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Jean-Baptiste, a French economist, is believed to have coined the word, “entrepreneur.” He defined an entrepreneur as one who undertakes an enterprise, especially a contractor, acting as an intermediary between capital and labor.

Many entrepreneurs are either tired of working for the man, therefore, they’re going to “show him” and go work for him/herself (fail) or they are a person who has a trade, a passion, or a high level of experience in a given field and they create a company around their knowledge (usually fail). The common theme for most entrepreneurs is that they do indeed fail, but why in fact they fail is an inexact science. I’m sure all of you have heard the statistic that 70% of all small businesses fail within their first three years due to poor/mismanaged cash flows. It’s simple really, if your cash dries up, so does your company. But why does this happen?

The logic is typically assumed, and utterly false when one says because they are an entrepreneur, they are a businessman. If we break down the very basics of the word entrepreneur; entre representing enterprise and preneur meaning taker, or one who takes; we can logically deduct that an entrepreneur is one who takes on an enterprise. 

Most entrepreneurs are not MBAs, they do not have a business degree, nor have they ever taken a business class. Now, is this an absolute? Of course not, but it does shine a light on the gap between business knowhow and entrepreneurship. Business knowhow is a broad area, and I believe it touches on every aspect of a business, or simply business in general. The intricate platforms of tax implications, diverse global markets, legal aspects, supply chain and operations, etc. Even small businesses have inner supply chains and within those supply chains, logistics (logistics is a piece of the supply chain puzzle, not the puzzle itself) and understanding the different interactions of the different business arenas within your small business is a difficult and demanding task.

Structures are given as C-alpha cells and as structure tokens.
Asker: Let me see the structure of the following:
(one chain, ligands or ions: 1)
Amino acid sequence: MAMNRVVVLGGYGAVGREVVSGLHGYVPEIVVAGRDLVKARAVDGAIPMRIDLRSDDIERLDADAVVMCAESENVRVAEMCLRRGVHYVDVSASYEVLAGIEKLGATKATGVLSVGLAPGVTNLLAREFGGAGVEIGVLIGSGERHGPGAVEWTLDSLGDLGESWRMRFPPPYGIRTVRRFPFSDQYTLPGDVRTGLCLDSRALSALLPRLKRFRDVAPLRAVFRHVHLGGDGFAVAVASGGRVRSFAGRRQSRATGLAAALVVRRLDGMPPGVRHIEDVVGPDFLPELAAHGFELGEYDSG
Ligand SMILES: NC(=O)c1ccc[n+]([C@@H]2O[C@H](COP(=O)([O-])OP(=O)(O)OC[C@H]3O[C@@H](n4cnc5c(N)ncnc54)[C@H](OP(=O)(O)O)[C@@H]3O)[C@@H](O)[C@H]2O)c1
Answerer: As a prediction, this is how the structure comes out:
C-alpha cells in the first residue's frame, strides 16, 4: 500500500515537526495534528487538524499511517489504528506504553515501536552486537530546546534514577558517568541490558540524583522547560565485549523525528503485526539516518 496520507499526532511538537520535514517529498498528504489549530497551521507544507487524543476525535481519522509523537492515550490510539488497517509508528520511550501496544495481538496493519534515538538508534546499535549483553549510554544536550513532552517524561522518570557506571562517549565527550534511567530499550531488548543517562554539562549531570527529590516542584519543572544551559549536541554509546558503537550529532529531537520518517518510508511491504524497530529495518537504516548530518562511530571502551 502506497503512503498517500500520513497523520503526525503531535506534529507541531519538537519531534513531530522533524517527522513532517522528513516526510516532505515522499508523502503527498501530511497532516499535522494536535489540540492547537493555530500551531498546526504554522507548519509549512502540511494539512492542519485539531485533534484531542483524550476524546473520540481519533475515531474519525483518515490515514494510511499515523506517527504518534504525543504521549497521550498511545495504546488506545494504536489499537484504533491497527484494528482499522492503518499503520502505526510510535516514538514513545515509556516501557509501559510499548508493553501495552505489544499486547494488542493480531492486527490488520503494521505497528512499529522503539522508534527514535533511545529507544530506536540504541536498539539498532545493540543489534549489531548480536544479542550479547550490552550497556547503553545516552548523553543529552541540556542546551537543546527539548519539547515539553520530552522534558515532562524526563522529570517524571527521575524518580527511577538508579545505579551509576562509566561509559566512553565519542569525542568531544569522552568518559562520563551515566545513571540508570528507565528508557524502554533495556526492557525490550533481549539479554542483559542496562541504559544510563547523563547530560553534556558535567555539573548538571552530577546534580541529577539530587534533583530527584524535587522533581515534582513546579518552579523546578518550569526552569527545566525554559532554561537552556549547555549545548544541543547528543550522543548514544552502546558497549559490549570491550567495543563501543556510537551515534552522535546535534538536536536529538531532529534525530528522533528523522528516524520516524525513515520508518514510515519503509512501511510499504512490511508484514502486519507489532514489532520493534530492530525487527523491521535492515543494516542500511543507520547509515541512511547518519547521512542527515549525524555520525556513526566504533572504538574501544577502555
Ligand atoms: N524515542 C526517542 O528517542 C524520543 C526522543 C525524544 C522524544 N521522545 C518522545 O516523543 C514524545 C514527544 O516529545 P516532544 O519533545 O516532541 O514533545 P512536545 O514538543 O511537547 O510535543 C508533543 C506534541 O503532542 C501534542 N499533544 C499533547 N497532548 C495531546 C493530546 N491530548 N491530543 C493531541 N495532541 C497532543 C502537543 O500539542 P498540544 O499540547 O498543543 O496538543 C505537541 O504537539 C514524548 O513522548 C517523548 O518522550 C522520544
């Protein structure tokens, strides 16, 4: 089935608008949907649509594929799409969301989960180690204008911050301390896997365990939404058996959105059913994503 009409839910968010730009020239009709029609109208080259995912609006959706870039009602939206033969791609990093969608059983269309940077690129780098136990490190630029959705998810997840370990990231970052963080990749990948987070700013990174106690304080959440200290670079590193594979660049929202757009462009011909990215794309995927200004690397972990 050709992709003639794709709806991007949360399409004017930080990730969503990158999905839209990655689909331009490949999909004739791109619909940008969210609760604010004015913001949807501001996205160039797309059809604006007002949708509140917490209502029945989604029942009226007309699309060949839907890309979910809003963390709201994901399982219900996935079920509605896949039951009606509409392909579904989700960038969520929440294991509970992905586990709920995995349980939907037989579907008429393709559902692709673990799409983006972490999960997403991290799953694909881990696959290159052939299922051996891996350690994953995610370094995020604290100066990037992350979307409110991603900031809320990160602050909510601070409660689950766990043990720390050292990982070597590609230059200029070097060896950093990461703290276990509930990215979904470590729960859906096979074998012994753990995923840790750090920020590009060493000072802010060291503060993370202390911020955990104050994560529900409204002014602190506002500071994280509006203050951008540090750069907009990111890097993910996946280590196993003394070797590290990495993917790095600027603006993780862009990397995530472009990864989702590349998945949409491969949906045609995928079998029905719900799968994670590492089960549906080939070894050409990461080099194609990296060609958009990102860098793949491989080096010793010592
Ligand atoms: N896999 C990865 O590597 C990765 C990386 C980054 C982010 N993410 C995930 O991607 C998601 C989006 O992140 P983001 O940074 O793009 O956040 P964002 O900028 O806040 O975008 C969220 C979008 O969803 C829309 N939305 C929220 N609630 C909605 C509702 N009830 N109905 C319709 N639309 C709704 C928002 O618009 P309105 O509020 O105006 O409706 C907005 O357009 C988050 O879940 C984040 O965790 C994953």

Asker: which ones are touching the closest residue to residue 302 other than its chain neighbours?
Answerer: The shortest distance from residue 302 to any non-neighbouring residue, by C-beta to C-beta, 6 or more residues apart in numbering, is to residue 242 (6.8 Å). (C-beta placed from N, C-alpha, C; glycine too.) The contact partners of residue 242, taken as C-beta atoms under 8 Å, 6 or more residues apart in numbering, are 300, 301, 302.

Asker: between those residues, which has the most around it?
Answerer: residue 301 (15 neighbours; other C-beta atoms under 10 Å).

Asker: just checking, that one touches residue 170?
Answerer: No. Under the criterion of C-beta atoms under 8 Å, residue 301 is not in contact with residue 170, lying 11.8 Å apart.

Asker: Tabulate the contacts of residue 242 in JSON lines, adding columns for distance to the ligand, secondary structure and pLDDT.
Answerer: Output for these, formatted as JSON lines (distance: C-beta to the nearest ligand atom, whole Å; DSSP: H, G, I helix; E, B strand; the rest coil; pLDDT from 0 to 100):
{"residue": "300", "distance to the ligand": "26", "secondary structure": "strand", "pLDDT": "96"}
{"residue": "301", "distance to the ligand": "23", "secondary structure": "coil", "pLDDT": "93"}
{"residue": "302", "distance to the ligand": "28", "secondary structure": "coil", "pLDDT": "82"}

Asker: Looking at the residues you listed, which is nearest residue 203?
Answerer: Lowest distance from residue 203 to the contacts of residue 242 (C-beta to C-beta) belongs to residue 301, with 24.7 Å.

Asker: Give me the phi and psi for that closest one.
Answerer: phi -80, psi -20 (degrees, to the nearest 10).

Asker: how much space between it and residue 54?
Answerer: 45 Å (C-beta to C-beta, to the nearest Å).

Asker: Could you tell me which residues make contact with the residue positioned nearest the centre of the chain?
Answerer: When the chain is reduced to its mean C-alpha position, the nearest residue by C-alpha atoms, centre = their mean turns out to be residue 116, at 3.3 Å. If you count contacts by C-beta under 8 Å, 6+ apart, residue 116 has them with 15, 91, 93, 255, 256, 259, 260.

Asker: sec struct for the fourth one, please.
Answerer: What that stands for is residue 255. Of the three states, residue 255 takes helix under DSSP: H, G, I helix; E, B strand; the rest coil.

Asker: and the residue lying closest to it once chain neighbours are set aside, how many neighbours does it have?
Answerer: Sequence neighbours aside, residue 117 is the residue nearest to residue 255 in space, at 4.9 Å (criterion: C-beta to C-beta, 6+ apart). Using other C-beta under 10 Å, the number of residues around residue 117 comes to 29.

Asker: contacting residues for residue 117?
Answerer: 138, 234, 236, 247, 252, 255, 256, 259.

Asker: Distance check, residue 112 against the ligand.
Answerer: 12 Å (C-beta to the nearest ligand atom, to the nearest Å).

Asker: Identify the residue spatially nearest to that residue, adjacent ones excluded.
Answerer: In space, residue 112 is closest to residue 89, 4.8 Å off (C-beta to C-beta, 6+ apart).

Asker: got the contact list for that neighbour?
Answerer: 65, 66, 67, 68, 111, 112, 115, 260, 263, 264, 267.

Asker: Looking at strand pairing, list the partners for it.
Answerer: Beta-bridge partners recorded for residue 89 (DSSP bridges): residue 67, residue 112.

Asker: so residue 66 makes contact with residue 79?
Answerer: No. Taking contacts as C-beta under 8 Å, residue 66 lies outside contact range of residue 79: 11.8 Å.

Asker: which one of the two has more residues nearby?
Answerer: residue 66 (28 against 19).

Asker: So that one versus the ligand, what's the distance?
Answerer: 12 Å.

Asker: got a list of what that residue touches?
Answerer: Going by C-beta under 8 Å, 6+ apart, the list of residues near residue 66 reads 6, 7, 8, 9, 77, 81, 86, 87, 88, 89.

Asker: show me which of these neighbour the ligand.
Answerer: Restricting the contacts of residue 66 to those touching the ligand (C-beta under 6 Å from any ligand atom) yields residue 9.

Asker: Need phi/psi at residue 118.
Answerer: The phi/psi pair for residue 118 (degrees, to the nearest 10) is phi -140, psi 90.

The problem I most often see is that entrepreneurs become so myopic to their product, passion, or expertise, that they are blindsided by the harsh realities of simple business. Most entrepreneurs have no idea what it means to have pro forma financial statements, or a weighted capital structure. 

Again, is this knowledge an absolute for small business success? No, if you come up with the next Facebook, then there will be plenty of other people who will gladly take the business reigns of your company for you; however, if you’re trying to build your business from the ground up, bootstrapping all along the way, and fighting the competitive landscape that is today’s economy, then I strongly feel that a comprehensive level of business knowhow is a key hidden ingredient. 


 


Comments

04/01/2011 11:42am

Seth Godin defines the definition between entrepreneur and freelancer very well. A definition you leave out in your original premise.

So are you an entrepreneur or "businessman"?

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04/04/2011 7:18pm

Austin, I try to position myself in the middle. As we both know, it is one thing to talk about being an entrepreneur, and another thing to actually be one. I have not made the entire jump yet to becoming an entrepreneur, yet I do feel I exude the entrepreneurial spirit and mindset. Thus I am hoping to bring my "business" skill-set to the entrepreneurial arena and assist those as a contributing team member to an entrepreneurial venture, much like i am doing at oLyfe.

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all you mention is usually complete informative. many thanks

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    Carl Eppolito

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    who?


    Villanova University Graduate School of Business MBA '13

    University of Tennessee '07
    BSBA: Finance

    I'm a businessman who desires to escape the most fundamental of American questions, "What do you do?" My goal is to create a lifestyle where job descriptions are not self-descriptions. A lifestyle is a terrible thing to waste...



    ...This is my journey...


    Boisterous|ˈboist(ə)rəs| adjective   - (of a person, event, or   behavior) noisy, energetic, and cheerful; rowdy

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